The history of speech synthesis has its roots in the depths of history. Although, if we eliminate legends and myths, the first real copy of the speech synthesizer was created in the XVIII century, by the Danish scientist Christian Kratzenstein. The model could pronounce the sounds [aː], [eː], [iː], [oː] and [uː]. The device was created with the help of acoustic resonators of different shapes, which made different sounds via vibrating tongues driven by air.
In 1778, the model was improved by an Australian scientist, after which it learned to produce not only certain consonants, but also combinations of sounds.
In 1837, Charles Wheatstone modified the device even more, forcing it to reproduce almost all consonants and vowels.
As early as in 1846, a talking organ Euphonia was introduced by Joseph Faber. He could (albeit not in an ideal way) synthesize not only speech, but also singing.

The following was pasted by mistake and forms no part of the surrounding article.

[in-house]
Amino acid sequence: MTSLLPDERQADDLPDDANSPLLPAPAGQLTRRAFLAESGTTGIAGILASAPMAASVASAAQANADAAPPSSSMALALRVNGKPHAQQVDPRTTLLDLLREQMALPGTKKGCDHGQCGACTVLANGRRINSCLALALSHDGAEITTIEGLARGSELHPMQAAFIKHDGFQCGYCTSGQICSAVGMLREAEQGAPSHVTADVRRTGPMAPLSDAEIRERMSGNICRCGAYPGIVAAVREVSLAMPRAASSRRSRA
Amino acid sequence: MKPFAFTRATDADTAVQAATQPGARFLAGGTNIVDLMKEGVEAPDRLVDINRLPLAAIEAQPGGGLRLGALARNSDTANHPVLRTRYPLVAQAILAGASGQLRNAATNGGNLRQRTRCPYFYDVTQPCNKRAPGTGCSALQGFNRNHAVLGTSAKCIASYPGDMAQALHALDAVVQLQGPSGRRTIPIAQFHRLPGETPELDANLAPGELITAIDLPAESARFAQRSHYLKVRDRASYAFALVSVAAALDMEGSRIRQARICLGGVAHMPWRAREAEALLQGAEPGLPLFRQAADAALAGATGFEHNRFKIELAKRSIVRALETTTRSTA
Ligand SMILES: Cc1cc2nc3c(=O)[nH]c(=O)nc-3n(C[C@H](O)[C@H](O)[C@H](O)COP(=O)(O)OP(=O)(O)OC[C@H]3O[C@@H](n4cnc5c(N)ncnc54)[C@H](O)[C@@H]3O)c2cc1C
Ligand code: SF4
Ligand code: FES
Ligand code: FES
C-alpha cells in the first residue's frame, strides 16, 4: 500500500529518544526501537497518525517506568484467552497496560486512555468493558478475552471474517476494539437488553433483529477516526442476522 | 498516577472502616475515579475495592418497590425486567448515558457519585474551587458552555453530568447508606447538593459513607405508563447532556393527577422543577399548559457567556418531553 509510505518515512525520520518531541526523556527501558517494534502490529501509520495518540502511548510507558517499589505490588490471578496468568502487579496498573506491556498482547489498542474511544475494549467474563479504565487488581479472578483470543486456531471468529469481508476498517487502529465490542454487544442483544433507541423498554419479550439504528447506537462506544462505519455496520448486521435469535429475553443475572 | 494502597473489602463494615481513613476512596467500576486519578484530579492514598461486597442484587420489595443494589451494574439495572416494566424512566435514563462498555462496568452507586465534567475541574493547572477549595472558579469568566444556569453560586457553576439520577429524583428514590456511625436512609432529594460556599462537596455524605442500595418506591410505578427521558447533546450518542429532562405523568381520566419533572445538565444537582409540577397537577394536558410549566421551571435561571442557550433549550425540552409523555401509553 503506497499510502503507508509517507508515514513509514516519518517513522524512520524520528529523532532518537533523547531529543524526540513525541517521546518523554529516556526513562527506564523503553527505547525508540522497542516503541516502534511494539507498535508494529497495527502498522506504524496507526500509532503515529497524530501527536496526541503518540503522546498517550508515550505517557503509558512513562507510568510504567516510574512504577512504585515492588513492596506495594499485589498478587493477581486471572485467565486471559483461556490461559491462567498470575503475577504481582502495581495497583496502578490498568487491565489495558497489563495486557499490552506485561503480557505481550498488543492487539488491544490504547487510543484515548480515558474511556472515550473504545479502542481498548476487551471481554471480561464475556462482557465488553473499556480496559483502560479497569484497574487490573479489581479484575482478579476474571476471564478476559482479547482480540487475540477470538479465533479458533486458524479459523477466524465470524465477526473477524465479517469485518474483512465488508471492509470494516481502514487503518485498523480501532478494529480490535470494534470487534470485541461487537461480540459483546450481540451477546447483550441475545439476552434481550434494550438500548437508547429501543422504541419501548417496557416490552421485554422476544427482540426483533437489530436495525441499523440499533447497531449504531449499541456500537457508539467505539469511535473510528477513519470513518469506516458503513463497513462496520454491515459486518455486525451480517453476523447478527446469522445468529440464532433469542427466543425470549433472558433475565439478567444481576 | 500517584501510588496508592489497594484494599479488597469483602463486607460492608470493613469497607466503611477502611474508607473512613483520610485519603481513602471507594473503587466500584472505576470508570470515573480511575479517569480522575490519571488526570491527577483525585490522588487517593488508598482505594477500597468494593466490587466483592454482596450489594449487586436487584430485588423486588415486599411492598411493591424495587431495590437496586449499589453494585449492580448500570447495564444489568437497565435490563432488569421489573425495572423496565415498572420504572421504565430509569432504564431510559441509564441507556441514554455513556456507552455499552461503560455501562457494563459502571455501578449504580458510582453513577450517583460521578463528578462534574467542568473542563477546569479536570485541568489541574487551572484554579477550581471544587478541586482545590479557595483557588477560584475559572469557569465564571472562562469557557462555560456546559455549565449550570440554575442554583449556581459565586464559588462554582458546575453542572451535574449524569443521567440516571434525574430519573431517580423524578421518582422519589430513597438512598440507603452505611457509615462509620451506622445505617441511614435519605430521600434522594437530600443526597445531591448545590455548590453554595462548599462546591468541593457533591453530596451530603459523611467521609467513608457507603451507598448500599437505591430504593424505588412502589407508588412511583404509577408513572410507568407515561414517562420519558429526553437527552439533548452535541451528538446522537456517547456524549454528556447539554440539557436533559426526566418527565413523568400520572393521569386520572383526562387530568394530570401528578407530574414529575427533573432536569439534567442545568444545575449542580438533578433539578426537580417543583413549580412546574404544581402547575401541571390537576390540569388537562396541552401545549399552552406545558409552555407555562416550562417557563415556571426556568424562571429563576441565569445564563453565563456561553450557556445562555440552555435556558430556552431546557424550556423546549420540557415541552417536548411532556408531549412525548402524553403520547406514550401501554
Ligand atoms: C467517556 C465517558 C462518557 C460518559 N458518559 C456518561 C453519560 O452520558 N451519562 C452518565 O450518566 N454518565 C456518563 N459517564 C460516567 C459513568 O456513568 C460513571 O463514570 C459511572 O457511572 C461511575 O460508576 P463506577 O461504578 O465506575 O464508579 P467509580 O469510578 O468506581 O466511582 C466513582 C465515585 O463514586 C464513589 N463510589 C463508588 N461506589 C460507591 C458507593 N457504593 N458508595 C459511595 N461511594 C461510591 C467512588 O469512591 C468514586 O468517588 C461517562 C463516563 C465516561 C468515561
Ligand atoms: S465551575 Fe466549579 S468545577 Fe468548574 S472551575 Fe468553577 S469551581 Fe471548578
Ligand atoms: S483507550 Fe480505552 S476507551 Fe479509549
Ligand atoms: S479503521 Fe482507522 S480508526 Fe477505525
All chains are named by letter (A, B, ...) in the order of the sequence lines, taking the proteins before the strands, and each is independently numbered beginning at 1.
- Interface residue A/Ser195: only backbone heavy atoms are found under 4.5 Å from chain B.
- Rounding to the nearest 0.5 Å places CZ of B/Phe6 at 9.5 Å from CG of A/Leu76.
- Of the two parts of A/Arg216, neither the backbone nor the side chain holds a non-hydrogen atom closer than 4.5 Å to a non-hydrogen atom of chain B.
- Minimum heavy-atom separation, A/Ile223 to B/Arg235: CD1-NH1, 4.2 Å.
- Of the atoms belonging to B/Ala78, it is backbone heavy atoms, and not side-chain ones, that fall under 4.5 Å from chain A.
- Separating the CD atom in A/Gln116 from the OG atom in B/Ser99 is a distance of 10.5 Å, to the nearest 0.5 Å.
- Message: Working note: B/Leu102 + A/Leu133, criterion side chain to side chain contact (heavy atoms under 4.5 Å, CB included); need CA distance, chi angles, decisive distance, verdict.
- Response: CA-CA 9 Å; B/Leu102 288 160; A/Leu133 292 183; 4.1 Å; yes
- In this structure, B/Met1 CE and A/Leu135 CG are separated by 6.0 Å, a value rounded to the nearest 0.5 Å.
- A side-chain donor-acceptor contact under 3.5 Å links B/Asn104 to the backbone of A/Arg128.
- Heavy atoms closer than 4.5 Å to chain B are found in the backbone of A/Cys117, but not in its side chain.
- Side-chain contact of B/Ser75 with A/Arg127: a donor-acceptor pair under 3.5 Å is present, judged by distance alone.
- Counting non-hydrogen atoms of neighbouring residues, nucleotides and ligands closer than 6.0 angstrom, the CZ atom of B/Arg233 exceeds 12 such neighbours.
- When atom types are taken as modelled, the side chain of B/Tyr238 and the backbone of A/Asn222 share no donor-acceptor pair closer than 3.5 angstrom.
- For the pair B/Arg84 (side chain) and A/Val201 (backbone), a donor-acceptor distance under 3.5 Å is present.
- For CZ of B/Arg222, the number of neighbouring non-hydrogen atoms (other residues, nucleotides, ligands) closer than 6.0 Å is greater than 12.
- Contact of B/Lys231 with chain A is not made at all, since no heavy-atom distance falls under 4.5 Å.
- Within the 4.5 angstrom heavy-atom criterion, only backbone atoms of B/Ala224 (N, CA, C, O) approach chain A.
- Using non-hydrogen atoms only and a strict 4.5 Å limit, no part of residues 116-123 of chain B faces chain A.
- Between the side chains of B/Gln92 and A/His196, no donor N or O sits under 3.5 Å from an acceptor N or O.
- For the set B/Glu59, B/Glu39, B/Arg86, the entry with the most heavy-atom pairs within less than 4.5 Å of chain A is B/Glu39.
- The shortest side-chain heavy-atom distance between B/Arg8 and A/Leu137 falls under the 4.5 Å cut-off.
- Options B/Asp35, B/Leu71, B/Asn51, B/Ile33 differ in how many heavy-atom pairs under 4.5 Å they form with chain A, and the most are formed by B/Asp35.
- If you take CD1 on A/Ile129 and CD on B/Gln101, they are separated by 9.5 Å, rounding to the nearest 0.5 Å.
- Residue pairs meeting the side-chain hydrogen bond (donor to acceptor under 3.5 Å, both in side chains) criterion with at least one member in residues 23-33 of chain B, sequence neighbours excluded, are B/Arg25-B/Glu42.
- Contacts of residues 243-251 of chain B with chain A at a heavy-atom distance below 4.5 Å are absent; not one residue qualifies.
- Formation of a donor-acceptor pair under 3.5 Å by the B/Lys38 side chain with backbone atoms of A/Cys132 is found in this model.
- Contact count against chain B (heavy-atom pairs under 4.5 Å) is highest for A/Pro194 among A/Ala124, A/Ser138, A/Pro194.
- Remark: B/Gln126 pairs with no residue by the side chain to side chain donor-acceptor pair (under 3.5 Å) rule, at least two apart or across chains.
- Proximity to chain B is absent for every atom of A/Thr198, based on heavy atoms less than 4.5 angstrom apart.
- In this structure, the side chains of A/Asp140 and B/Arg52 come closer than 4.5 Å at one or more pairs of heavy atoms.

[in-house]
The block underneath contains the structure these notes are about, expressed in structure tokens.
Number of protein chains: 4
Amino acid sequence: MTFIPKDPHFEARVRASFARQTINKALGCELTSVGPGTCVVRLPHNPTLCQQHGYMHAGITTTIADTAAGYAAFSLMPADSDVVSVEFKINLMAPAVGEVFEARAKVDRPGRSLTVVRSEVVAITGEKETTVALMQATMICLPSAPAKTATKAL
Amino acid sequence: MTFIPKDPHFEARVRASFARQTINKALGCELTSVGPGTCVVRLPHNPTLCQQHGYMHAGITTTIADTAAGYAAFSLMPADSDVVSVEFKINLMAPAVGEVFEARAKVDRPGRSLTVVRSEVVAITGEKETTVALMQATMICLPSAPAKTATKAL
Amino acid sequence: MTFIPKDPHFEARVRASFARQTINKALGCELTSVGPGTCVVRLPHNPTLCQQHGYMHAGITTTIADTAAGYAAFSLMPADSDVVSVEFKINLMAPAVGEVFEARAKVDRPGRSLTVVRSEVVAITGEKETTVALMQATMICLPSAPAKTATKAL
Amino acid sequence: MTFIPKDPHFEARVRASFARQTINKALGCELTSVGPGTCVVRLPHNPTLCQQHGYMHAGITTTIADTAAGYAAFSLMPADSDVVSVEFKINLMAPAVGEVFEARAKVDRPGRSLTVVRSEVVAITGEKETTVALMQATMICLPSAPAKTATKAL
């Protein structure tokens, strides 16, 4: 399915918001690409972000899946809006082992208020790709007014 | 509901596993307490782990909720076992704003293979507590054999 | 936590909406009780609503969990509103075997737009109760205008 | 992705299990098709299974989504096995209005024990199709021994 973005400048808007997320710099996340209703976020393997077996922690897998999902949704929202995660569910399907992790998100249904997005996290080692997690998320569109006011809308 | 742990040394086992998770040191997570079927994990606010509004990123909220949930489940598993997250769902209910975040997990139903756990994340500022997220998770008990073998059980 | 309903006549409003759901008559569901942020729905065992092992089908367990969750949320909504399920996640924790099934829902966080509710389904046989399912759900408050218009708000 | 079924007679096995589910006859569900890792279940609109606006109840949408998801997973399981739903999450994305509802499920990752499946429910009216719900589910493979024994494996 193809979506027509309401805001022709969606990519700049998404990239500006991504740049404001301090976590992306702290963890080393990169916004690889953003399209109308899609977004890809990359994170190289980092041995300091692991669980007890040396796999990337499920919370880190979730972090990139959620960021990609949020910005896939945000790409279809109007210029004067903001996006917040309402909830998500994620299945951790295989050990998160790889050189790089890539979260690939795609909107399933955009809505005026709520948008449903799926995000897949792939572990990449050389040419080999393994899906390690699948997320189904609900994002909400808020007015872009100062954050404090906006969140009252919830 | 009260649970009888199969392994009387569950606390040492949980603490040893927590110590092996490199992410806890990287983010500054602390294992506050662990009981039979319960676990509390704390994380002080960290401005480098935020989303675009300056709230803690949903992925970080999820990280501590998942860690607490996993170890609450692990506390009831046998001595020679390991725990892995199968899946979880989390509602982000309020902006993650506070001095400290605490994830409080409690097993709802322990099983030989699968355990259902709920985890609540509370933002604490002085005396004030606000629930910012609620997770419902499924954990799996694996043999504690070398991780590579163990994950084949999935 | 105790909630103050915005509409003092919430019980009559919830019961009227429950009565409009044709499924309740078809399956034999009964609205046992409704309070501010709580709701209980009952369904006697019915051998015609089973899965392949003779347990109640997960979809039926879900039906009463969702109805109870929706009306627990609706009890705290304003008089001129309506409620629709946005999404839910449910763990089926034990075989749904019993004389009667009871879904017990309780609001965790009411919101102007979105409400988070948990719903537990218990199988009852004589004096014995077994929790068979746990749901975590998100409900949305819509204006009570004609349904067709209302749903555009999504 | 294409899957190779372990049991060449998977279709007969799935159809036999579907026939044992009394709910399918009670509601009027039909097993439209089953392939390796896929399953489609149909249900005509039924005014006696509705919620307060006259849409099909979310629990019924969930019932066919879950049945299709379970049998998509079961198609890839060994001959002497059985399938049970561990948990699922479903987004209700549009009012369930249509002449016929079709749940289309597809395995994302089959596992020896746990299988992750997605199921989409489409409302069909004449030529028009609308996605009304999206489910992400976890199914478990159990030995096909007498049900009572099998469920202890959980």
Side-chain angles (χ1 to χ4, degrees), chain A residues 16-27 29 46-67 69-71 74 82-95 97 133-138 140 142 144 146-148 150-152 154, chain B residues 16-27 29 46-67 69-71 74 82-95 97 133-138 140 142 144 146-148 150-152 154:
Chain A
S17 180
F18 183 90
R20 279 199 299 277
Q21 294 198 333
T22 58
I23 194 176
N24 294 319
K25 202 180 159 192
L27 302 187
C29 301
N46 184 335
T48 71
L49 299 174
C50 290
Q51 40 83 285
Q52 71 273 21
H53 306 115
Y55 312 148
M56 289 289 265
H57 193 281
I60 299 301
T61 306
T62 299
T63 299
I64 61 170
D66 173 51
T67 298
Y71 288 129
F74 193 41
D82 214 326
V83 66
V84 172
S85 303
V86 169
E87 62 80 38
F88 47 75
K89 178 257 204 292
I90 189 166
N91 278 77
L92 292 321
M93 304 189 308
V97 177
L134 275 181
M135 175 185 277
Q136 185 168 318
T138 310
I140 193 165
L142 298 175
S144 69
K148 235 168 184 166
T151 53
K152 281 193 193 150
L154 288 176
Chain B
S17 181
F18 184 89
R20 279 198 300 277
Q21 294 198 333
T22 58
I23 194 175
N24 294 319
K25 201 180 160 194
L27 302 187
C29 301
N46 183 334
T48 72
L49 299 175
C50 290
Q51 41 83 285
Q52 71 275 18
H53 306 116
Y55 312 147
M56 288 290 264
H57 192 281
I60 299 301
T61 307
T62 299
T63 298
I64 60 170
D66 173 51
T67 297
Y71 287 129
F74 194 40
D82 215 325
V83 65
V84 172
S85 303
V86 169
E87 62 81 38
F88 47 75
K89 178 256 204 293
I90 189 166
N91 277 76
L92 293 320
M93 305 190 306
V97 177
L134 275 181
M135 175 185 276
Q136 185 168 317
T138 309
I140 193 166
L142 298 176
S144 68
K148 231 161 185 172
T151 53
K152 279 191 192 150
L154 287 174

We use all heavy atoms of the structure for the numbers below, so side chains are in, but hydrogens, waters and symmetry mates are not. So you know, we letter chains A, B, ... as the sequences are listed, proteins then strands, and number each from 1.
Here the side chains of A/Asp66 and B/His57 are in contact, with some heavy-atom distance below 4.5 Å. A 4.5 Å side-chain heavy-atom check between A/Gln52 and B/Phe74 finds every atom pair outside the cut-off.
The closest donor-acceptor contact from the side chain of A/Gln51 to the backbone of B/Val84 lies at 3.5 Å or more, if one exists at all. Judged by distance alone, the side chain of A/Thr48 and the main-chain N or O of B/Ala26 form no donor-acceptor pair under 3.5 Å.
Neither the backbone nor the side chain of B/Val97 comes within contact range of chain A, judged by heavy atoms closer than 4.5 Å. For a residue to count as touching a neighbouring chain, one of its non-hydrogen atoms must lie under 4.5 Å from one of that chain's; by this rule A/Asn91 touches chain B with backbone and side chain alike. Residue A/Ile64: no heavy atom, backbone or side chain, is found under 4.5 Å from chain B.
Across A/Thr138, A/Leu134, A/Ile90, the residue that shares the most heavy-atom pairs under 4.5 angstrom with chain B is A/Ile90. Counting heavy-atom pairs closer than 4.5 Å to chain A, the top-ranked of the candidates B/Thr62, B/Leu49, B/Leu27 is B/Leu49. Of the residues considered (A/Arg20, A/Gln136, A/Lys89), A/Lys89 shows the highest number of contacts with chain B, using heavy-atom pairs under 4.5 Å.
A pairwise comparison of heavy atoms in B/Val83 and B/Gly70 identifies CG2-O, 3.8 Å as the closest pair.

Later, Alexander Bell created his “speaking” model, similar to that of the Wheatstone’s. With the advent of the 20th century, sound wave generators appeared, which greatly simplified speech synthesis.
In the 1930s, Homer Dudley, working at Bell Labs to find ways to reduce bandwidth for telephony, invented VOCODER, a keyboard-controlled analyzer and speech synthesizer.
Of course, the first synthesizers were far from natural sounding, and in order to make out the phrases they needed to be very persistently listening.
The first computer-based speech synthesizers began to appear in the late 1950s, and the first TTS synthesizer was created in 1968.
Speech generated by modern speech synthesis systems is sometimes difficult to distinguish from ordinary human speech. Research is also being conducted in the field of creating mechanical speech synthesizers, in particular, for use in humanoid robots.